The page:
- Working Groups accepts their reports.
- Task Force Reports are accepted by the Panel.
- Working Group Summaries for Policymakers are accepted by the Panel after group approval.
The Panel is responsible for the IPCC and its endorsement of Reports allows it to ensure they meet IPCC standards. The Panel's approval process has been criticized for changing the product of the experts who create the Reports. On the other hand, not requiring Panel re-endorsement of Reports has also been criticized, after changes required by the approval process were made to Reports.
The IPCC published a first assessment report in 1990, a supplementary report in 1992, a second assessment report (SAR) in 1995, and a third assessment report (TAR) in 2001. Each of the assessment reports is in three volumes from the working groups I, II and III. Unqualified, "the IPCC report" is often used to mean the WG I report.
Consensus in reports
IPCC Reports attempt to present a scientific consensus view. The general approach of identifying consensus among a group of climate scientists means that areas where there remains considerable uncertainty tend to be automatically deemphasized or simply omitted . Another means of handling consensus problems was used in the SRES scenarios, where due to a lack of consensus there were many variations included with no indication of which are more probable Template:Doi.
"Firstly, the Panel as a whole must always respect and consider the specific perspectives of each member. But, more importantly, each member must respect and consider the perspectives of the entire Panel. Consensus is not something that happens by itself. It is an outcome that has to be shaped, and the only basis for shaping it is to follow the two cardinal rules that I have just mentioned" — Dr Rajendra K. Pachauri, Chairman of the IPCC.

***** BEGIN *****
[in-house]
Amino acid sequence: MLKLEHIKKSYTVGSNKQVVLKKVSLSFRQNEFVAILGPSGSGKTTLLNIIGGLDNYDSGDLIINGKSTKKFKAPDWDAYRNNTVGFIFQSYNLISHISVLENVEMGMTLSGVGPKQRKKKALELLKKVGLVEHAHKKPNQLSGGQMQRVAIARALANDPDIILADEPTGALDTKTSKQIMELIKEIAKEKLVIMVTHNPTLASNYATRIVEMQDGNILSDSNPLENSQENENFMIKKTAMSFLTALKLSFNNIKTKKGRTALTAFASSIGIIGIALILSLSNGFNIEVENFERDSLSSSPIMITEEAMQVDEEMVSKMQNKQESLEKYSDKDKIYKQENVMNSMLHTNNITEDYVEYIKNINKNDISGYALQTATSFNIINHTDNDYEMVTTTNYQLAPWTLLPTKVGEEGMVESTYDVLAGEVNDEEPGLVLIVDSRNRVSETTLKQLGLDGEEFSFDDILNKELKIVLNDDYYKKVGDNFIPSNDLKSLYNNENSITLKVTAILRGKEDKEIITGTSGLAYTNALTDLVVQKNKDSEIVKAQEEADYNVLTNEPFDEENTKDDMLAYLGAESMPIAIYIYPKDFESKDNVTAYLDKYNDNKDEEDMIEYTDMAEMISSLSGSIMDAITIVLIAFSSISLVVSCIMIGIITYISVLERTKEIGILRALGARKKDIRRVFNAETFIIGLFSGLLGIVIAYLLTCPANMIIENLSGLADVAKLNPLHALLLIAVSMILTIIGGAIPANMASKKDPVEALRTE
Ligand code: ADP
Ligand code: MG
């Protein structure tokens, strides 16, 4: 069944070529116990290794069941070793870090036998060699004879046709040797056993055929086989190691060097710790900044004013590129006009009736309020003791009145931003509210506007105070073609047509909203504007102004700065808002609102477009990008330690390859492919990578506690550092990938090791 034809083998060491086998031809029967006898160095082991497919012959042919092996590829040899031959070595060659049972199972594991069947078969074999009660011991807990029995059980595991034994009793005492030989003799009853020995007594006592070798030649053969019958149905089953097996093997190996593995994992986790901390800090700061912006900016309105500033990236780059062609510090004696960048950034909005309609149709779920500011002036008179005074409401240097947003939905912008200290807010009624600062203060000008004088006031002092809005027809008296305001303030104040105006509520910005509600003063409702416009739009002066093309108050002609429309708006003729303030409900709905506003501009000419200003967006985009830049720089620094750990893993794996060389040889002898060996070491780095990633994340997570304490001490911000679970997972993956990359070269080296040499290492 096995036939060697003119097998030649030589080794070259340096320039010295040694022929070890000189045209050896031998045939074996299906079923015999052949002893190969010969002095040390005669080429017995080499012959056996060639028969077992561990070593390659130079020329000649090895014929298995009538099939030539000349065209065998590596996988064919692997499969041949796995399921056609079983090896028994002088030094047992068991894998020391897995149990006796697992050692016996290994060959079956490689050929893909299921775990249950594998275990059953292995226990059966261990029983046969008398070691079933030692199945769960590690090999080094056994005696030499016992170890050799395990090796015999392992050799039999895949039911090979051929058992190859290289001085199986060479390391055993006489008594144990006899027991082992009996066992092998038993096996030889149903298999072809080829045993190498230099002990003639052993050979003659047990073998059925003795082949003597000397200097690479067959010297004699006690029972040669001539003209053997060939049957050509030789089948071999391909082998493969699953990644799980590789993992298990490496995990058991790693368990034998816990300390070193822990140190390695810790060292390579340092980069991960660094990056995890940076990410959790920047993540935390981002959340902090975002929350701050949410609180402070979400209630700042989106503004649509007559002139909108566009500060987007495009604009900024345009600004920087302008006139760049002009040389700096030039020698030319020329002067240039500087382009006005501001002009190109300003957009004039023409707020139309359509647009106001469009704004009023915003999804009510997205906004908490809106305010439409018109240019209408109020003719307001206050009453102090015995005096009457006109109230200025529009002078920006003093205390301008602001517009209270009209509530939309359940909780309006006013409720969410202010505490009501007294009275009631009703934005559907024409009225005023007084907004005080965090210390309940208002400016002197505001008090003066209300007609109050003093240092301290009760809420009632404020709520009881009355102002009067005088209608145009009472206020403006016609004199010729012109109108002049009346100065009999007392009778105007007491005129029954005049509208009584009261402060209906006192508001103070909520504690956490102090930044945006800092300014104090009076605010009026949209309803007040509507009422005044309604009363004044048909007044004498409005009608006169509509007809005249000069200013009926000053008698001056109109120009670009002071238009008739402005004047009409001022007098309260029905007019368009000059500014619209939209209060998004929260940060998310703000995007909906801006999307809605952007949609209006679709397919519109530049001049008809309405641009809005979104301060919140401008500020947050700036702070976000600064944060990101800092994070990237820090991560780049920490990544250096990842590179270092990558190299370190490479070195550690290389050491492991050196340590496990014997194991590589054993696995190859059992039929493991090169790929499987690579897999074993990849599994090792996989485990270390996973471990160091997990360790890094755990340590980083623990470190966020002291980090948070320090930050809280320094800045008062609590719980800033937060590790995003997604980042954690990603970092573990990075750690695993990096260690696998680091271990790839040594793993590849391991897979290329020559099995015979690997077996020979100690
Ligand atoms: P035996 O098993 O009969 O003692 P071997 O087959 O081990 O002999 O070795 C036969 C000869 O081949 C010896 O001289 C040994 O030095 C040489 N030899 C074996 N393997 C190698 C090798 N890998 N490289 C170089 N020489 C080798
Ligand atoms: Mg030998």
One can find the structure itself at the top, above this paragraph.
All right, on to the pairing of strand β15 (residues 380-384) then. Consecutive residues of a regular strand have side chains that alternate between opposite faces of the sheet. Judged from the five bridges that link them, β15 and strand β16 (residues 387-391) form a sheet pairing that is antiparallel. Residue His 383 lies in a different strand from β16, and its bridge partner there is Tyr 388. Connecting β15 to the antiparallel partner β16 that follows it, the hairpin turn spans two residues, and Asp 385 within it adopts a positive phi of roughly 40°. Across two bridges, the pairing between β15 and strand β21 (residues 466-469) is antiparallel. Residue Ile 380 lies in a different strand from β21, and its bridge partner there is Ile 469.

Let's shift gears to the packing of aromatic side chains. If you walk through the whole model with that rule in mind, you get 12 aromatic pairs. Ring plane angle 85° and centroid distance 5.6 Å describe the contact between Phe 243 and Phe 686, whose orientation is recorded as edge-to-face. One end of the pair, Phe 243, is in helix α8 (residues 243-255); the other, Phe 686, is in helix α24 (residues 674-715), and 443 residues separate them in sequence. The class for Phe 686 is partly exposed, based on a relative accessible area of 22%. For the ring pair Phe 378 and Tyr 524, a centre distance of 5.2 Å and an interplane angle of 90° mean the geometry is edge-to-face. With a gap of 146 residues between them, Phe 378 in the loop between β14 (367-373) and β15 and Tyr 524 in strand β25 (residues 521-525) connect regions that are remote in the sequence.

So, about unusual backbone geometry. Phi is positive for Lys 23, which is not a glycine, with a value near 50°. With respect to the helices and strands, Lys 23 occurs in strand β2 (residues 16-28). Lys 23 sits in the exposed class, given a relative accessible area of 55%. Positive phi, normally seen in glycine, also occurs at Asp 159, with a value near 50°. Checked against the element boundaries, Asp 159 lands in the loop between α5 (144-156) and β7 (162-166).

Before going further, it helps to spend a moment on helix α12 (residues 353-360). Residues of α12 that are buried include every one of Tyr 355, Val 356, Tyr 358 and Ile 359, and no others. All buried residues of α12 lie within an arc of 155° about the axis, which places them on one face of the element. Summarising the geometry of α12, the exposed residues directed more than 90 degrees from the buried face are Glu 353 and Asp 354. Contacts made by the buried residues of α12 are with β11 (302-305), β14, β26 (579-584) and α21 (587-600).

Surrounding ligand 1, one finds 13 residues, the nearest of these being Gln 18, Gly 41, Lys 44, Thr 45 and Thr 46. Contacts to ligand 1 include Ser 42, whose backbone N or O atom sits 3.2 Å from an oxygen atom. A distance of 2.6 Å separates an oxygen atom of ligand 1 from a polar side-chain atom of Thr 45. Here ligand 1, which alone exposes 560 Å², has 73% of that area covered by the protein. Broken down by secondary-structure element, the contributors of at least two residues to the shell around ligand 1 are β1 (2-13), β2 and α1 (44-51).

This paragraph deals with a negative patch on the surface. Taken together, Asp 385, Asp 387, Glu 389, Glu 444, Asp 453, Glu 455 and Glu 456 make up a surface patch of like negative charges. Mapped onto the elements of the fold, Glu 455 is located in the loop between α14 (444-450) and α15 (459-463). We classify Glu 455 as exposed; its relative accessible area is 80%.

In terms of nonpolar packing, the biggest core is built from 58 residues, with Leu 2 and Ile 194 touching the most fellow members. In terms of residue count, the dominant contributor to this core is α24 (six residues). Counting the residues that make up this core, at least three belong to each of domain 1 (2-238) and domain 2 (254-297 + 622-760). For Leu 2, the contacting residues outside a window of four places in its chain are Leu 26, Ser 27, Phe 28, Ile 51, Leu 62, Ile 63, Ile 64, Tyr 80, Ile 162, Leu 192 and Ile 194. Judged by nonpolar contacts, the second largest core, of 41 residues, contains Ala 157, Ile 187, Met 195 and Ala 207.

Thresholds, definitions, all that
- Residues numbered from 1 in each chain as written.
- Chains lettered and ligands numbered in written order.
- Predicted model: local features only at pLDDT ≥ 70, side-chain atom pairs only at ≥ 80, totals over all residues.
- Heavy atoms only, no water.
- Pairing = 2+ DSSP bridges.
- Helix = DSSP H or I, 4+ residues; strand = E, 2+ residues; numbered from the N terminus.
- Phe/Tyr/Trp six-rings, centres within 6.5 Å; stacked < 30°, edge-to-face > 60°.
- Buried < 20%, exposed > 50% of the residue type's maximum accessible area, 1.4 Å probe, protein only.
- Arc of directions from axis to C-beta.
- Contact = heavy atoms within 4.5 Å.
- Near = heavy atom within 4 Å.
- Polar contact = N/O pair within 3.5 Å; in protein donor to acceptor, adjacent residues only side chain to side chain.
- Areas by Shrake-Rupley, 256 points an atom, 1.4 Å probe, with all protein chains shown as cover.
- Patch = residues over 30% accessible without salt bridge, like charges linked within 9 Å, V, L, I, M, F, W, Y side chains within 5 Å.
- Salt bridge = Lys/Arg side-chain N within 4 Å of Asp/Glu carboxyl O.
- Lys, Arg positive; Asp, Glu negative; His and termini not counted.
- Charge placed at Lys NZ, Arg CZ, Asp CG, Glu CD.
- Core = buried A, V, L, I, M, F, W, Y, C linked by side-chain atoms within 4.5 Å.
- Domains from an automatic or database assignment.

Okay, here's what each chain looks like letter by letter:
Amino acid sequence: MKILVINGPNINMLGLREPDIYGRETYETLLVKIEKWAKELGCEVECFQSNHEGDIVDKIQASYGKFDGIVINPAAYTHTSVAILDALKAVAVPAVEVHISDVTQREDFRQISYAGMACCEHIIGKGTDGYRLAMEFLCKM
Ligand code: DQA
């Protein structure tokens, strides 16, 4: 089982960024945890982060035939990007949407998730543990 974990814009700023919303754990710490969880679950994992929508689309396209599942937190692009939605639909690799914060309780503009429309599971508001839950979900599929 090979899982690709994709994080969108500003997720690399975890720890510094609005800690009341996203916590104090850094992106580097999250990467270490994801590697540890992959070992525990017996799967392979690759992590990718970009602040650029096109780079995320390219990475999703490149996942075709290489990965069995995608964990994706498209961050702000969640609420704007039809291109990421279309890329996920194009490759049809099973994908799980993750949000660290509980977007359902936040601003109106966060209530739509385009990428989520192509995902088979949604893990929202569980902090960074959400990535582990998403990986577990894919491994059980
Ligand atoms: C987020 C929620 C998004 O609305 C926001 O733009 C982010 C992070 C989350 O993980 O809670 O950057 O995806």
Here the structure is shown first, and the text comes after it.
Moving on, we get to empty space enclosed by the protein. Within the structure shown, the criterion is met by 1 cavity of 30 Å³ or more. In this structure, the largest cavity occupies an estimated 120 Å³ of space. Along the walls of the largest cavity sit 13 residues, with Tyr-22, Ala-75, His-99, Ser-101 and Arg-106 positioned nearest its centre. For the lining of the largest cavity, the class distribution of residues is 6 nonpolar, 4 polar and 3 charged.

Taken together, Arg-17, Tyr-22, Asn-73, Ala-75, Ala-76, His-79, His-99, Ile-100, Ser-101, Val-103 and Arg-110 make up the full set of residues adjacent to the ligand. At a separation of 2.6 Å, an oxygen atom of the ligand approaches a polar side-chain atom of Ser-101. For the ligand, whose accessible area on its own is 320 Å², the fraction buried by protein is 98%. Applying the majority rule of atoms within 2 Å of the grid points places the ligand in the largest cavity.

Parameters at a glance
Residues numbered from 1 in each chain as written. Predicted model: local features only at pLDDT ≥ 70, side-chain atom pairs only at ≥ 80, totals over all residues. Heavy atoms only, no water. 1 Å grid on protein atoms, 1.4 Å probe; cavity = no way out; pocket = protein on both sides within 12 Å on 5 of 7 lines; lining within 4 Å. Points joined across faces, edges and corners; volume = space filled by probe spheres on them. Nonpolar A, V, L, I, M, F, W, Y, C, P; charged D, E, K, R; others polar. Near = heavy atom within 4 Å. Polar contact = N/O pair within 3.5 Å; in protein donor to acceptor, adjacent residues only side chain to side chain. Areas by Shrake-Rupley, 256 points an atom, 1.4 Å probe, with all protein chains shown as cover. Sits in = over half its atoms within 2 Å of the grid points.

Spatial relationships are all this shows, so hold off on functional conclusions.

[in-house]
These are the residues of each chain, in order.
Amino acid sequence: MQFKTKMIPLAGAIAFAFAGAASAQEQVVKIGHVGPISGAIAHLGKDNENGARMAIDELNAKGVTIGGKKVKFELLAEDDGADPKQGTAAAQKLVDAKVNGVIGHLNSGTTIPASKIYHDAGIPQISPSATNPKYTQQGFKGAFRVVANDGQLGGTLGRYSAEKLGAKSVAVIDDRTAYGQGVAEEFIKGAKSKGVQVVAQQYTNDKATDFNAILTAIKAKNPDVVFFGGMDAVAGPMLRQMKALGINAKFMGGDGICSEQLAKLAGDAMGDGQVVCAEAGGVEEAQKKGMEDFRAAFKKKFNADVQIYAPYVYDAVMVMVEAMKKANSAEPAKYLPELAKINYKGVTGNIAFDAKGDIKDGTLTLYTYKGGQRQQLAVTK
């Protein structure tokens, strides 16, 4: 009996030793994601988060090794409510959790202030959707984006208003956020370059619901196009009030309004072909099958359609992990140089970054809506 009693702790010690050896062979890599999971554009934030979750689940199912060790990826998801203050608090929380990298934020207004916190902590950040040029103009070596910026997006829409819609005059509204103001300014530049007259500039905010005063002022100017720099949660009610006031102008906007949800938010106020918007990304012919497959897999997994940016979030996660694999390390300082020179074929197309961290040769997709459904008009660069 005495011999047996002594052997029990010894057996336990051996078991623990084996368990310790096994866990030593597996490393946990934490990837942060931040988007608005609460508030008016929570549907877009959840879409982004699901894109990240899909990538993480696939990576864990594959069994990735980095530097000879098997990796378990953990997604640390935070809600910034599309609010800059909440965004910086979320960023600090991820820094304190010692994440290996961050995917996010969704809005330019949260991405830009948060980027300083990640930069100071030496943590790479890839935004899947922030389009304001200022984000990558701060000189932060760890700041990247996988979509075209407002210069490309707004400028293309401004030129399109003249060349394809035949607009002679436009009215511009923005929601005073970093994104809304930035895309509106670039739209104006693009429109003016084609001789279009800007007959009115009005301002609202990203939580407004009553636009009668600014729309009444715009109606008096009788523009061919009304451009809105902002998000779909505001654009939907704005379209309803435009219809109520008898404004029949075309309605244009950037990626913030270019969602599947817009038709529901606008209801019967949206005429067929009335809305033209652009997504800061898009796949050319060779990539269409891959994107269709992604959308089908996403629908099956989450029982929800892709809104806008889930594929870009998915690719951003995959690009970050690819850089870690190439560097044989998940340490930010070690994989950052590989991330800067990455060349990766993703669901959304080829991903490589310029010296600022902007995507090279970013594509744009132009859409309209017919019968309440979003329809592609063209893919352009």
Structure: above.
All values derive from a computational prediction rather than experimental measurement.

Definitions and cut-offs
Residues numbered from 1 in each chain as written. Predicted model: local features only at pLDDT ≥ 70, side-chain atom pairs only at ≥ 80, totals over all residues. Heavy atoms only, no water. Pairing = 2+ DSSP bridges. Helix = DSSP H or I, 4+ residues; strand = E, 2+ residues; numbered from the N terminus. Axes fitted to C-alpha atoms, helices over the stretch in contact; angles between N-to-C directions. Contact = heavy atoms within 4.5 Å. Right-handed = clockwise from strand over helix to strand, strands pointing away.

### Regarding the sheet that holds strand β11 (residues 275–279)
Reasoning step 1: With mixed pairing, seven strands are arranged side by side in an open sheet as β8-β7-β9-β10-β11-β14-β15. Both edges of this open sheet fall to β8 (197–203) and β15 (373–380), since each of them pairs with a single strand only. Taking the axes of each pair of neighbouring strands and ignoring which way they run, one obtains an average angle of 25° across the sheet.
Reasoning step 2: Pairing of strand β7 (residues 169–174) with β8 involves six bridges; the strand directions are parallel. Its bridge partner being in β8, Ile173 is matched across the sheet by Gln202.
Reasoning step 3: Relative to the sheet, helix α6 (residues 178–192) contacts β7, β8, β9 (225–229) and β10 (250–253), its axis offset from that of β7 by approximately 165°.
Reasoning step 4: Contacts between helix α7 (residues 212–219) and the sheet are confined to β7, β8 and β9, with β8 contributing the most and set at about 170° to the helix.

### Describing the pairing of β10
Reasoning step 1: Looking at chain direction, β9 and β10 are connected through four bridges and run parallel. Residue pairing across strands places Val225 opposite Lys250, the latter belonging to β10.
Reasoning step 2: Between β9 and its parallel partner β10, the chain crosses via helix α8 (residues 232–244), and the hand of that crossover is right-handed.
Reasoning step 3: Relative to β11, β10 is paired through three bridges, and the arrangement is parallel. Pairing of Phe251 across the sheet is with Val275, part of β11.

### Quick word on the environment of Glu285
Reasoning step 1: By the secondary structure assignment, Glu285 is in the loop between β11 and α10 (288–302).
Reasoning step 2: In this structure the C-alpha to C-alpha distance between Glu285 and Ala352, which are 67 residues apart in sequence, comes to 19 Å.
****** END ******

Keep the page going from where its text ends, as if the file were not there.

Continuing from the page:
IPCC Fourth Assessment Report: AR4
IPCC Third Assessment Report: Climate Change 2001
The most recent IPCC report is Climate Change 2001, the Third Assessment Report (TAR).
The TAR consists of four reports, three of them from the Working Groups:
- Working Group I: The Scientific Basis 
- Working Group II: Impacts, Adaptation and Vulnerability 
- Working Group III: Mitigation 
- Synthesis Report 
The "headlines" from the summary for policymakers  in The Scientific Basis were:
- An increasing body of observations gives a collective picture of a warming world and other changes in the climate system (The global average surface temperature has increased over the 20th century by about 0.6°C; Temperatures have risen during the past four decades in the lowest 8 kilometres of the atmosphere; Snow cover and ice extent have decreased)